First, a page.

Diabetic retinopathy refers to the effect of diabetes on the retina. Sugar within the blood can have a damaging effect on the fine blood vessels of the retina. This can lead to leakage of blood and fatty deposits into the retina. Blurred vision can develop if this leakage occurs in the central part of the retina known as the macula. This process is known as diabetic maculopathy or diabetic macular oedema (DMO).
Diabetic maculopathy is one of the leading causes of blindness in the Western working population and early treatment can now reverse visual loss.
A thorough ophthalmological examination is carried out including vision tests, intraocular pressure measurements and an ocular fundus examination. A full fundus examination requires eye drops to dilate the pupil, which can temporarily blur near vision for a few hours.
Special imaging techniques such as Optical Coherence Tomography (OCT), colour fundus photography and fundus fluorescein angiography may be used to assess the degree of swelling and blood oxygen flow to the macula.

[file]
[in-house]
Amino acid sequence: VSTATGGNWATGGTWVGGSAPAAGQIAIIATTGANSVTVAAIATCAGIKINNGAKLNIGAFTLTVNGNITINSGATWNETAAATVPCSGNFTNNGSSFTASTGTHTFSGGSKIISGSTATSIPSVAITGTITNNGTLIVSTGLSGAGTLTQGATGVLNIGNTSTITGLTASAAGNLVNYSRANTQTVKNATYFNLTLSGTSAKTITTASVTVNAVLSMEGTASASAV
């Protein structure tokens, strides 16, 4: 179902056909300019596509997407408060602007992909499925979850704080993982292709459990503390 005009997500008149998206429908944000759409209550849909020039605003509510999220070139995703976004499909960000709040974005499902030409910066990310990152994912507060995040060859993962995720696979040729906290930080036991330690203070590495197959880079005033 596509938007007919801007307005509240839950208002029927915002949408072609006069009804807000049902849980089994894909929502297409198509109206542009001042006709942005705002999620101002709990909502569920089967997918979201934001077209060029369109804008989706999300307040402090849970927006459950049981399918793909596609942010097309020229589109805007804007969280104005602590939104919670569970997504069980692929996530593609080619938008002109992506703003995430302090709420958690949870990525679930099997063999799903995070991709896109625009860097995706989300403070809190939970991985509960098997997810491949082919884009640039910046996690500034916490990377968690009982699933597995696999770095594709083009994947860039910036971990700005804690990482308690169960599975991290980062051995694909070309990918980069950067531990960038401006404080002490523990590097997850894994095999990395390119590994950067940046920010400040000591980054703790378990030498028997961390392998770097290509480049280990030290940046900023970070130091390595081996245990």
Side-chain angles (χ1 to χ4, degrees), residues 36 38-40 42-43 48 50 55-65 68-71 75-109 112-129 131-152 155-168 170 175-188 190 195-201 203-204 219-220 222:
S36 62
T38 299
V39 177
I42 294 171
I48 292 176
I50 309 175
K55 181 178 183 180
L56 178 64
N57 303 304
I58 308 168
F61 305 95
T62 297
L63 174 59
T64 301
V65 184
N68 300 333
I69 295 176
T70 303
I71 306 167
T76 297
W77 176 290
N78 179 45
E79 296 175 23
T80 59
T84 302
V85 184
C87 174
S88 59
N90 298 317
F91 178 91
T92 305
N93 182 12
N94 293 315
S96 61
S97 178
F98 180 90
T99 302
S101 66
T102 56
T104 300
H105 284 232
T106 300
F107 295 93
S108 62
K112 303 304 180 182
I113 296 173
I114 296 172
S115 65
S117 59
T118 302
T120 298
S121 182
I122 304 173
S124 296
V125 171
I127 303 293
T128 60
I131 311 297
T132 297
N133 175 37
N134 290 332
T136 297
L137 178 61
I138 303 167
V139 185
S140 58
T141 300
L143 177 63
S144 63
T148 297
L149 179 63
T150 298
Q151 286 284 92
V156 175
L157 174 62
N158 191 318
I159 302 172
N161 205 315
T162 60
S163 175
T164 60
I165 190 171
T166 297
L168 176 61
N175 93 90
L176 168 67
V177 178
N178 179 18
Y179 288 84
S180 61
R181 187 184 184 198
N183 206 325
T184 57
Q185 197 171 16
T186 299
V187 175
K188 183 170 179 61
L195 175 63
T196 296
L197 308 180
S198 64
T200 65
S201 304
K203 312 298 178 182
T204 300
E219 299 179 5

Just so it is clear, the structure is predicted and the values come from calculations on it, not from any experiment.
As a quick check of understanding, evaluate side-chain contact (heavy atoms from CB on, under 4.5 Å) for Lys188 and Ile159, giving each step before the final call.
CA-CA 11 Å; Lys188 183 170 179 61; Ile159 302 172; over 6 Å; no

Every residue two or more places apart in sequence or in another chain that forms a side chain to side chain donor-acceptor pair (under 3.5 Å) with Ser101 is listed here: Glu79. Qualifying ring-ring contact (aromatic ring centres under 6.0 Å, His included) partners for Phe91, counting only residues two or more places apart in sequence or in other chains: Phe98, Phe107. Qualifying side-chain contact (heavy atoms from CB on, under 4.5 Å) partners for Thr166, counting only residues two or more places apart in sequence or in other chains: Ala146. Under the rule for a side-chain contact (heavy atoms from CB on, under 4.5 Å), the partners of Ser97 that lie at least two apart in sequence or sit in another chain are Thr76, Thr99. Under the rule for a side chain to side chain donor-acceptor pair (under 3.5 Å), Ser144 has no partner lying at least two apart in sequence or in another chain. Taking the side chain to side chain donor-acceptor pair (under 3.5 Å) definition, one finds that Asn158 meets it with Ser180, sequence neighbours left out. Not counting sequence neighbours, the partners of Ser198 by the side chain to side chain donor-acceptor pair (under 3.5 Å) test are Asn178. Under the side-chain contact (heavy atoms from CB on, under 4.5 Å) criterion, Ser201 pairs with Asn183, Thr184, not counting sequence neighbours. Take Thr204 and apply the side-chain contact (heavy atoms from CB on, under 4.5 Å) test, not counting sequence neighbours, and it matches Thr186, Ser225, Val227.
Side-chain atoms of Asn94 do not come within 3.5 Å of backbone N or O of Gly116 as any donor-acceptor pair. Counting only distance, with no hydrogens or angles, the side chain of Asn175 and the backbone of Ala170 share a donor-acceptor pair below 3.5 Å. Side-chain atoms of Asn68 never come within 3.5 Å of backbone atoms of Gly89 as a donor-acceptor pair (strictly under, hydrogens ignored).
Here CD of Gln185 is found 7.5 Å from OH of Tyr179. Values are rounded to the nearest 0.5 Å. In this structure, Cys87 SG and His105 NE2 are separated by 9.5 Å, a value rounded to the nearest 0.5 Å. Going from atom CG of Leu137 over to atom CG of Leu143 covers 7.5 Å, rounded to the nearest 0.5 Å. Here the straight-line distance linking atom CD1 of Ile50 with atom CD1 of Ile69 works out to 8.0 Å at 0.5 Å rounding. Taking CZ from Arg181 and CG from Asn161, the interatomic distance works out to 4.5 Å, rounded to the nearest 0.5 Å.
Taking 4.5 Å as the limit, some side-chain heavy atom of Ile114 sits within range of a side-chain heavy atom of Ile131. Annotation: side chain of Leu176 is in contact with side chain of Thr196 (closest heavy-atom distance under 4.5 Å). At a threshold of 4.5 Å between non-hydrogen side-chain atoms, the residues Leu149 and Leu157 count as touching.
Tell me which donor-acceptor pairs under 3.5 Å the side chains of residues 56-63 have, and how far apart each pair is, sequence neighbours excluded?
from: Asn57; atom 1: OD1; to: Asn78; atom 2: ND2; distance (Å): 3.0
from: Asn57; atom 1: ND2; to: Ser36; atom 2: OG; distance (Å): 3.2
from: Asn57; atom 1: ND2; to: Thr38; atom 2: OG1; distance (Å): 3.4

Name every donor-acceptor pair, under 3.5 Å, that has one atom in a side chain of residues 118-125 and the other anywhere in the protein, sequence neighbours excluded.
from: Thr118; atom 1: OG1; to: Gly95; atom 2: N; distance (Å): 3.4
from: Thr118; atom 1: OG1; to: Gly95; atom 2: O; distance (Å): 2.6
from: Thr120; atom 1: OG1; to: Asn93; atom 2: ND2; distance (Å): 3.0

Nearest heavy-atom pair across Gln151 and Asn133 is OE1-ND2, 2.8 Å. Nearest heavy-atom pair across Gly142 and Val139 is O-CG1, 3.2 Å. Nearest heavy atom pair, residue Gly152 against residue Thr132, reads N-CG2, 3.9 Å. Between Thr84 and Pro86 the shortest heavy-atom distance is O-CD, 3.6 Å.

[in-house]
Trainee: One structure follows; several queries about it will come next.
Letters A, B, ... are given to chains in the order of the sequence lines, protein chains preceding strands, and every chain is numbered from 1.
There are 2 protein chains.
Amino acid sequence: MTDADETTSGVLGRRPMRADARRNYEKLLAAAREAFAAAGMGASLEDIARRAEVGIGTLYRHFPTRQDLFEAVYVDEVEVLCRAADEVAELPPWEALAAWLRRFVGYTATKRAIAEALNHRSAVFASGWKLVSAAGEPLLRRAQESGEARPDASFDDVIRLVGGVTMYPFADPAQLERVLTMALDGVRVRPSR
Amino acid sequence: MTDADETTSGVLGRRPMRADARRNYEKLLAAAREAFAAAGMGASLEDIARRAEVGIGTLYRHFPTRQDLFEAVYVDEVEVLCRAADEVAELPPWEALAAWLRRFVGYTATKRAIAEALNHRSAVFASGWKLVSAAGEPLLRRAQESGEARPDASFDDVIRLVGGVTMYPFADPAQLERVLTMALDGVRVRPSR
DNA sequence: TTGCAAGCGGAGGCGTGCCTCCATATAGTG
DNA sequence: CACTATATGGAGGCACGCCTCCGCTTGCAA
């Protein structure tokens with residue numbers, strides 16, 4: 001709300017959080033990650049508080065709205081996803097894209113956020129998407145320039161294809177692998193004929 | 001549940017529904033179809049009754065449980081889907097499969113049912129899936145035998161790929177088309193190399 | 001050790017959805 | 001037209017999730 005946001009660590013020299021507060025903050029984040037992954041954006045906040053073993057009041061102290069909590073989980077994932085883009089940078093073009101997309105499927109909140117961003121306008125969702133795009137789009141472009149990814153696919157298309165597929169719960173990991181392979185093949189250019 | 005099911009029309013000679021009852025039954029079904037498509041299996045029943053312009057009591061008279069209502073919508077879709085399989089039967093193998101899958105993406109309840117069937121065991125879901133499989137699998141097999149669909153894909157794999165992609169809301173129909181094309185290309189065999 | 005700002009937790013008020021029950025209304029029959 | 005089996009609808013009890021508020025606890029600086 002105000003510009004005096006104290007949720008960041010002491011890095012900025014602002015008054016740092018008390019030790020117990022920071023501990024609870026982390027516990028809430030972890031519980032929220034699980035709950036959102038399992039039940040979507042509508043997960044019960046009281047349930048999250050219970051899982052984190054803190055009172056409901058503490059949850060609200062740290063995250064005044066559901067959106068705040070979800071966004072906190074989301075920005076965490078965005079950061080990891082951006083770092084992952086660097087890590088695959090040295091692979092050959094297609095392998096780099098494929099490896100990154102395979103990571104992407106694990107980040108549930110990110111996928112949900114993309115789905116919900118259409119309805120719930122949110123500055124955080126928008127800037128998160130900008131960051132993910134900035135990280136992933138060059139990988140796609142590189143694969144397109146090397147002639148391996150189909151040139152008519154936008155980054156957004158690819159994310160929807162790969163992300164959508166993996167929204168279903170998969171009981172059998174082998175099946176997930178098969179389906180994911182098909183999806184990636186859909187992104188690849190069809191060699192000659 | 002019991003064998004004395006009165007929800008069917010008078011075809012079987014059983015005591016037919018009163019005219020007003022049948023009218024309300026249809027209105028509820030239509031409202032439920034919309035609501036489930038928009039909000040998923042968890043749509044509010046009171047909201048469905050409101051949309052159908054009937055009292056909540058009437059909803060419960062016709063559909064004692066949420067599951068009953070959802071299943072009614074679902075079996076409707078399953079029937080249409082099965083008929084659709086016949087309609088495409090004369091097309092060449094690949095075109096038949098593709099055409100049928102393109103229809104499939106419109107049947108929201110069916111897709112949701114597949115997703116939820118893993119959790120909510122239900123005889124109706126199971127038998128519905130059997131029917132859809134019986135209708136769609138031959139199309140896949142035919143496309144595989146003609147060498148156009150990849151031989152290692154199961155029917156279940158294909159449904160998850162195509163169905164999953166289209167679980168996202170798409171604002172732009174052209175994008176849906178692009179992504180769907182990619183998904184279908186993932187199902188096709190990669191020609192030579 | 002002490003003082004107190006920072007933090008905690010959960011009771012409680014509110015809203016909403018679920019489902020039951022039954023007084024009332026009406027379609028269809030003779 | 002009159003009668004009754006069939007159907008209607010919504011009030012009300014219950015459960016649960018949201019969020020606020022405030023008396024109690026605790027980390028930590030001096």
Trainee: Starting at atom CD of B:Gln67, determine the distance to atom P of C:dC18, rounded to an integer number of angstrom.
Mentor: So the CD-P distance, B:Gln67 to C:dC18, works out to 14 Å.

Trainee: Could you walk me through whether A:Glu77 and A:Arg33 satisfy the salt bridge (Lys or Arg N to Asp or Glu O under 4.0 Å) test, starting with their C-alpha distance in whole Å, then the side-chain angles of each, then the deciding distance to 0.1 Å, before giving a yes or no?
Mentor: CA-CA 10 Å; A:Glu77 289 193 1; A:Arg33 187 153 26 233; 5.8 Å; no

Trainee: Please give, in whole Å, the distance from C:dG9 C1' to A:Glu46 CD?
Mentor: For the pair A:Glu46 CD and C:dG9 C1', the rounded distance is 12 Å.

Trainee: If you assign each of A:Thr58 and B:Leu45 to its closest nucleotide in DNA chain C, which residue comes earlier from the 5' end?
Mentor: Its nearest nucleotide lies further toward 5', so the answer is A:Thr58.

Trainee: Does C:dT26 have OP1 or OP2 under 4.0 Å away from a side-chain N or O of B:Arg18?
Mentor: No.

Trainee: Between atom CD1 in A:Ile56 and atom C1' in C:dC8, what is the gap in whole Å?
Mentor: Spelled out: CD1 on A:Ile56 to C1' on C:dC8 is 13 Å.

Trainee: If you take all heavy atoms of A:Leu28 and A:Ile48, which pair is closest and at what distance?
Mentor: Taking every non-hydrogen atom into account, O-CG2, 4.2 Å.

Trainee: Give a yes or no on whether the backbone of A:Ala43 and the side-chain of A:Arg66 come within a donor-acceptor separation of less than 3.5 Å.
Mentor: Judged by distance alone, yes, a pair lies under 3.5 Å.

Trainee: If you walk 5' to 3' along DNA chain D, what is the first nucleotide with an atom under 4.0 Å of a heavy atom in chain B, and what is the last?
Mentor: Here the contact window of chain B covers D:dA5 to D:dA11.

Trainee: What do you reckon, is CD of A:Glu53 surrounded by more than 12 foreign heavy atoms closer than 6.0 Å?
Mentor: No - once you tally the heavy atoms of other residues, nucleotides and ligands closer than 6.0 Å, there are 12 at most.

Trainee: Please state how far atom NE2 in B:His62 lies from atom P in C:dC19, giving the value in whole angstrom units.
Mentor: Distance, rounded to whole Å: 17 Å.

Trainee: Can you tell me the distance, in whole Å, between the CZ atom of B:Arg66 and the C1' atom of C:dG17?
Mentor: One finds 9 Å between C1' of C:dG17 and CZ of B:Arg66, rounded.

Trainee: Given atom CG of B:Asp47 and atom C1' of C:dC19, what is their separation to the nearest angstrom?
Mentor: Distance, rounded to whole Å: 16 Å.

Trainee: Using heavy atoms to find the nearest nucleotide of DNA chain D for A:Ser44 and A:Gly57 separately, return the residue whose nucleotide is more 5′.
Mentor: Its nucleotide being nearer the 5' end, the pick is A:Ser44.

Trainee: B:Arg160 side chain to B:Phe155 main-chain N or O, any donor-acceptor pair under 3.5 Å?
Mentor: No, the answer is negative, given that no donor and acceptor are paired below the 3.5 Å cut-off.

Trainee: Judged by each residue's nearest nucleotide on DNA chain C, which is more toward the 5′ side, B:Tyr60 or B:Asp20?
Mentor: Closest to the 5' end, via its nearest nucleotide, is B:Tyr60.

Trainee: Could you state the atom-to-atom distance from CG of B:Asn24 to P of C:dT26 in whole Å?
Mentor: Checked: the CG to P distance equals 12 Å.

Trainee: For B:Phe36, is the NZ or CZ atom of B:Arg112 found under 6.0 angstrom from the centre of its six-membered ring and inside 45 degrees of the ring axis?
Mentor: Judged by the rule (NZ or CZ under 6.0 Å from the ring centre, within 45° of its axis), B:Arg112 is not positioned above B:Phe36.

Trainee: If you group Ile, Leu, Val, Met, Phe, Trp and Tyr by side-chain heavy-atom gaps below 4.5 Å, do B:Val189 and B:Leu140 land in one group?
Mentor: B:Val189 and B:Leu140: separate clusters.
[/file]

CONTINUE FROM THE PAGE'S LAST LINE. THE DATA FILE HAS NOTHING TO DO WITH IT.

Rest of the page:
Lifestyle changes such as good control of diabetes, high blood pressure, high cholesterol, stopping smoking, taking regular exercise and eating a healthy diet are all important in improving diabetic maculopathy.
Medical treatments for diabetic maculopathy include laser photocoagulation. Gentle laser is applied to the macula region resulting in a reduction of the swelling and preventing further visual loss.
Newer treatments such as delivering anti-VEGF medicines into the vitreous by injection have been shown to reduce the macular swelling and improve vision in diabetic maculopathy. Some patients require a course of treatment but these new medicines have revolutionised the treatment of diabetic maculopathy.